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The Known World by Edward P. Jones
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Dec 18, 2011

it was amazing
Read in November, 2011

Great great book. One of the characters early on says, as strange as a world that makes him slave to a white man, "God had indeed set it twirling and twisting every which way when he put black people owning their own kind." Not much I can say that hasn't been said by many other reviewers, and probably the Pulitzer Prize committee, but this is a clear-eyed book about slavery in the 1850s about the moral bankruptcy that allowed it to happen and that it engendered. This novel is not a page turner and you would do yourself a disservice if you did not take the time to savor every sentence, every bit of dialogue. The novel is also an architectural wonder, apparently seamlessly flowing from story to story, the result of meticulous crafting. Even though the setting is slavery, the novel is also about the things that divide us and unite us, constrained by artficiality - slavery - or not. The themes are epic - tragedy within the larger tragedy, betrayal, ambition, unwarranted brutality, striving for a better life or to be a better person, grace arising from adapting to circumstances, disappointment in children, true love, and forgiveness. Each character is fully inhabited. I only have to look at the cover of the book, one I do not want to part with, and they and their fates - because the author has created one for each one - immediately come rushing back to me. Read this book!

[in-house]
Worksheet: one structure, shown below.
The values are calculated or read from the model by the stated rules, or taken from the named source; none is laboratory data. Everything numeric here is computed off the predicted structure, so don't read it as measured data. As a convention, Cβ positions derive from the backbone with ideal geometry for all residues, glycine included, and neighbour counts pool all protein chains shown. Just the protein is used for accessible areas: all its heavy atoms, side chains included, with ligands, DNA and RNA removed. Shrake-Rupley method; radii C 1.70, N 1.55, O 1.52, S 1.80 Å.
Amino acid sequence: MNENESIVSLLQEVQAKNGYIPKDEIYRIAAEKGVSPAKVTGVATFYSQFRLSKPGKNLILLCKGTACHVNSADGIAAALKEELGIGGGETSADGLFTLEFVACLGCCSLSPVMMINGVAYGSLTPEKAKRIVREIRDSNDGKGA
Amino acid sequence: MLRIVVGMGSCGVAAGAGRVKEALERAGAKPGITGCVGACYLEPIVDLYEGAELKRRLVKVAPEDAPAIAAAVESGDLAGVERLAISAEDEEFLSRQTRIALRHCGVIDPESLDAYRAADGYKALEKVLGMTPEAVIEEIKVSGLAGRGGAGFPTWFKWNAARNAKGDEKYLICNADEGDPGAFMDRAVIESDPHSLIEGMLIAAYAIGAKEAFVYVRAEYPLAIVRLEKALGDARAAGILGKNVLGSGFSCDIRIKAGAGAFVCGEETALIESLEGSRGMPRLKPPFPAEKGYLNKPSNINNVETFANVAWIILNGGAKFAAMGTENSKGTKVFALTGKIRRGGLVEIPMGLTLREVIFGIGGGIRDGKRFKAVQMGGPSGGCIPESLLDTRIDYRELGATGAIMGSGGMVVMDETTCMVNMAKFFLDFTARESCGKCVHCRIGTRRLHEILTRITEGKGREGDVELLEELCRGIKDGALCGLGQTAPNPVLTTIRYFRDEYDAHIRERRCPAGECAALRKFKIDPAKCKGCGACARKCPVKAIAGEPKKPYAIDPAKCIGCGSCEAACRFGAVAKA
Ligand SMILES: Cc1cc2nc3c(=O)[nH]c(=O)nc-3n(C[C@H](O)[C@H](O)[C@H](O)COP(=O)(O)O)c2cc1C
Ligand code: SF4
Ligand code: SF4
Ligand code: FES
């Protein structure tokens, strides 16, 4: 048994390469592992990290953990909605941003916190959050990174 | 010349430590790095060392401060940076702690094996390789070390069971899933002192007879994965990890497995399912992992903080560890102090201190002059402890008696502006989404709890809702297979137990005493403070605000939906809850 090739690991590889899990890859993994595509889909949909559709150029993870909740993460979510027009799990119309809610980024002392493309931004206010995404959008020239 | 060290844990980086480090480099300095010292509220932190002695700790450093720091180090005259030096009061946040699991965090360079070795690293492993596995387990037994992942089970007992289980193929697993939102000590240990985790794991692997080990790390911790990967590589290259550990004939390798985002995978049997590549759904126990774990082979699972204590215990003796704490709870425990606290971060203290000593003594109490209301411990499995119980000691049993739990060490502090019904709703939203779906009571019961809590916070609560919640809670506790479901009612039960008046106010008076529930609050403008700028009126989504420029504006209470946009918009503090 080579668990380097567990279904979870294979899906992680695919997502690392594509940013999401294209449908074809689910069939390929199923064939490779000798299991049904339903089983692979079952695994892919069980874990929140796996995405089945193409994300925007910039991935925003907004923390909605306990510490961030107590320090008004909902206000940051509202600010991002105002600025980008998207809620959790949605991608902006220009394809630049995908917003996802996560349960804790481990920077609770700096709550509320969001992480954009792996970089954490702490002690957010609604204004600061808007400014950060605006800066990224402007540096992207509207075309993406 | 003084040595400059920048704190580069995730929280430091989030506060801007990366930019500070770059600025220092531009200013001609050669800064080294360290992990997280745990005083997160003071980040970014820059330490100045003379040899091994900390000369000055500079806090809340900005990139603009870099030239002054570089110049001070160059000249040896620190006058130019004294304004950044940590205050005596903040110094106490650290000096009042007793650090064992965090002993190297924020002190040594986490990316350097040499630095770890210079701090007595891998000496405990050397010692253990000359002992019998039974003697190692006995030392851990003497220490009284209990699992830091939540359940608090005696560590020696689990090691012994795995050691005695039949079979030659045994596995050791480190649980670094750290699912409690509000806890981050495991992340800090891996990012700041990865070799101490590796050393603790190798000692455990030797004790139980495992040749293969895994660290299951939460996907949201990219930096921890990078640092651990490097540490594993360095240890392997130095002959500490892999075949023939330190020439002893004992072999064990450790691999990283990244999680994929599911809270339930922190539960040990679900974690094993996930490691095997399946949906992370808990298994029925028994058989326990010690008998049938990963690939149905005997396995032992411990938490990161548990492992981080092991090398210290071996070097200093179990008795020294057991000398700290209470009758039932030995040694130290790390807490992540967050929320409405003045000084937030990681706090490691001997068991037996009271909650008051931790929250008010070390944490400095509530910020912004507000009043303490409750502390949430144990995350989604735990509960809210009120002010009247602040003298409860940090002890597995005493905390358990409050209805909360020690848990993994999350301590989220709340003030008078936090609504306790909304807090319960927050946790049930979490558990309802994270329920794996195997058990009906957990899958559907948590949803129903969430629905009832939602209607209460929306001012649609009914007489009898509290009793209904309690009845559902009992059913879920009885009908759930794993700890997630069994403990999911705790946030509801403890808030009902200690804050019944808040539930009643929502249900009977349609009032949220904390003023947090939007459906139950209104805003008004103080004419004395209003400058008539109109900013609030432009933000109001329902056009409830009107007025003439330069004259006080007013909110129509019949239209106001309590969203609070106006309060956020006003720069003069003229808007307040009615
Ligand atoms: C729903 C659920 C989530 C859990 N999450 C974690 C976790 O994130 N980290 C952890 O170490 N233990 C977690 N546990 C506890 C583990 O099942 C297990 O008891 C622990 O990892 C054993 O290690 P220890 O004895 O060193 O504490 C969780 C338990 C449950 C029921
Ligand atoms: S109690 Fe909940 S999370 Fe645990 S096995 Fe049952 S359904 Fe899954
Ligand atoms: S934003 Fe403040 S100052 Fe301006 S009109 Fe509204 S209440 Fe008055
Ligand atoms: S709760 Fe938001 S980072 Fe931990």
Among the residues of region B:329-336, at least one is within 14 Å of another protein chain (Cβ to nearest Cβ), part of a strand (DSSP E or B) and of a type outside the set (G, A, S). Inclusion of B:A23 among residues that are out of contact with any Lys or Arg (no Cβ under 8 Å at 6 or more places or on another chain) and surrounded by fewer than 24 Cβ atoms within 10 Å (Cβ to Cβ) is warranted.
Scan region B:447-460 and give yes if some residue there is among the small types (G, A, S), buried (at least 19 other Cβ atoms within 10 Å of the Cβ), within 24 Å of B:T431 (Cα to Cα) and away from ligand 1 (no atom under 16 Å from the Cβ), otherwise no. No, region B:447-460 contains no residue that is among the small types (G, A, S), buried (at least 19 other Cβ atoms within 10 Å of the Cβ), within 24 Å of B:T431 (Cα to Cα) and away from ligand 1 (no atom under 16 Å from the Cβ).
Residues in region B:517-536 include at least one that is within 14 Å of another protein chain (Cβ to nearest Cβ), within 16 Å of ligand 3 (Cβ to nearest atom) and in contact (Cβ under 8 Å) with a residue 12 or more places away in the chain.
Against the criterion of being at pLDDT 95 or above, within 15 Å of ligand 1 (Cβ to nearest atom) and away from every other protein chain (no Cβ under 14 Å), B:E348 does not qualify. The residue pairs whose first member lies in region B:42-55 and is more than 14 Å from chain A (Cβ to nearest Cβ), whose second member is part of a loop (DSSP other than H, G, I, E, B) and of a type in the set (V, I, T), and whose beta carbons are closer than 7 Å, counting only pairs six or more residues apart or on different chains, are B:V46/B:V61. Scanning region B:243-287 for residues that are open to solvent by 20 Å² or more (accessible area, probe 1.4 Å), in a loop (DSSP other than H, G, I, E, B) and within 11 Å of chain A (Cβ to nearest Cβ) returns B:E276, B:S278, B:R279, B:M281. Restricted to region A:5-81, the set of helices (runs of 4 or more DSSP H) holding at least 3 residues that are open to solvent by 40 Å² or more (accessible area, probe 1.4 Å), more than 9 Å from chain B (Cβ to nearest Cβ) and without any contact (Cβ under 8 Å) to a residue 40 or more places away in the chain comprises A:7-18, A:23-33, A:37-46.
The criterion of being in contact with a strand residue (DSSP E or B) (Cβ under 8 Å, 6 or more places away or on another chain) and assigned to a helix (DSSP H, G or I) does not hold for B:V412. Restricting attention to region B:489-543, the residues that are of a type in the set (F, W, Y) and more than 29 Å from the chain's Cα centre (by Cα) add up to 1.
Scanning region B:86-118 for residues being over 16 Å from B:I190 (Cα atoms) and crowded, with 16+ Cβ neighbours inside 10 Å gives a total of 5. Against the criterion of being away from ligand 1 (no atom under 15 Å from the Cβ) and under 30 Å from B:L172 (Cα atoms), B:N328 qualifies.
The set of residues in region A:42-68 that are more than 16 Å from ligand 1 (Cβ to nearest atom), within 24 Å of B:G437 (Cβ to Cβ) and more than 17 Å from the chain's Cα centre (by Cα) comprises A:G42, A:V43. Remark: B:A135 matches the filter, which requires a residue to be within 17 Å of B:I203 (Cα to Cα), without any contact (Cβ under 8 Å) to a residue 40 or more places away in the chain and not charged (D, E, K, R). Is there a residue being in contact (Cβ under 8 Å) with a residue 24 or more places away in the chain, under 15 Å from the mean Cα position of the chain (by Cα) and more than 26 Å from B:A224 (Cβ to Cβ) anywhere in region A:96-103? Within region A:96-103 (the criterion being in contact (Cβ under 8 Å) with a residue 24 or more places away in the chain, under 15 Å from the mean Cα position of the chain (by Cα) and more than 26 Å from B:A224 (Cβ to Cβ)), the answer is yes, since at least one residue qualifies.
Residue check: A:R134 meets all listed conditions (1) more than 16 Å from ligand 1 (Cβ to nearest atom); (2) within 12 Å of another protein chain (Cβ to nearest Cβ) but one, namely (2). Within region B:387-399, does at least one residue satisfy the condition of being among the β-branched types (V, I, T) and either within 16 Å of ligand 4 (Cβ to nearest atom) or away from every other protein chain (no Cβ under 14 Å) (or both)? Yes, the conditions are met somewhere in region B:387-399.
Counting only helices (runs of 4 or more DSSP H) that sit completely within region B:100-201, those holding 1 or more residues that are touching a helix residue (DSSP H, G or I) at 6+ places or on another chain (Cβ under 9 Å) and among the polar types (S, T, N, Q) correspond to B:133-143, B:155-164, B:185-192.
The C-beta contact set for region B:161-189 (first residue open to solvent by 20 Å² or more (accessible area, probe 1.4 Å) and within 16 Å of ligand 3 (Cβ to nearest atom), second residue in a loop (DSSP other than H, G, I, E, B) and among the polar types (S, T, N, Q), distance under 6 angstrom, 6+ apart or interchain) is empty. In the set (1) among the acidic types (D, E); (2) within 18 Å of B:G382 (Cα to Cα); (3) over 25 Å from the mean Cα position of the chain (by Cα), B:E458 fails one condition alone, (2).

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message 1: by Robert (new) - added it

Robert I added this to my list. I do not read much fiction, but this sounded compelling.


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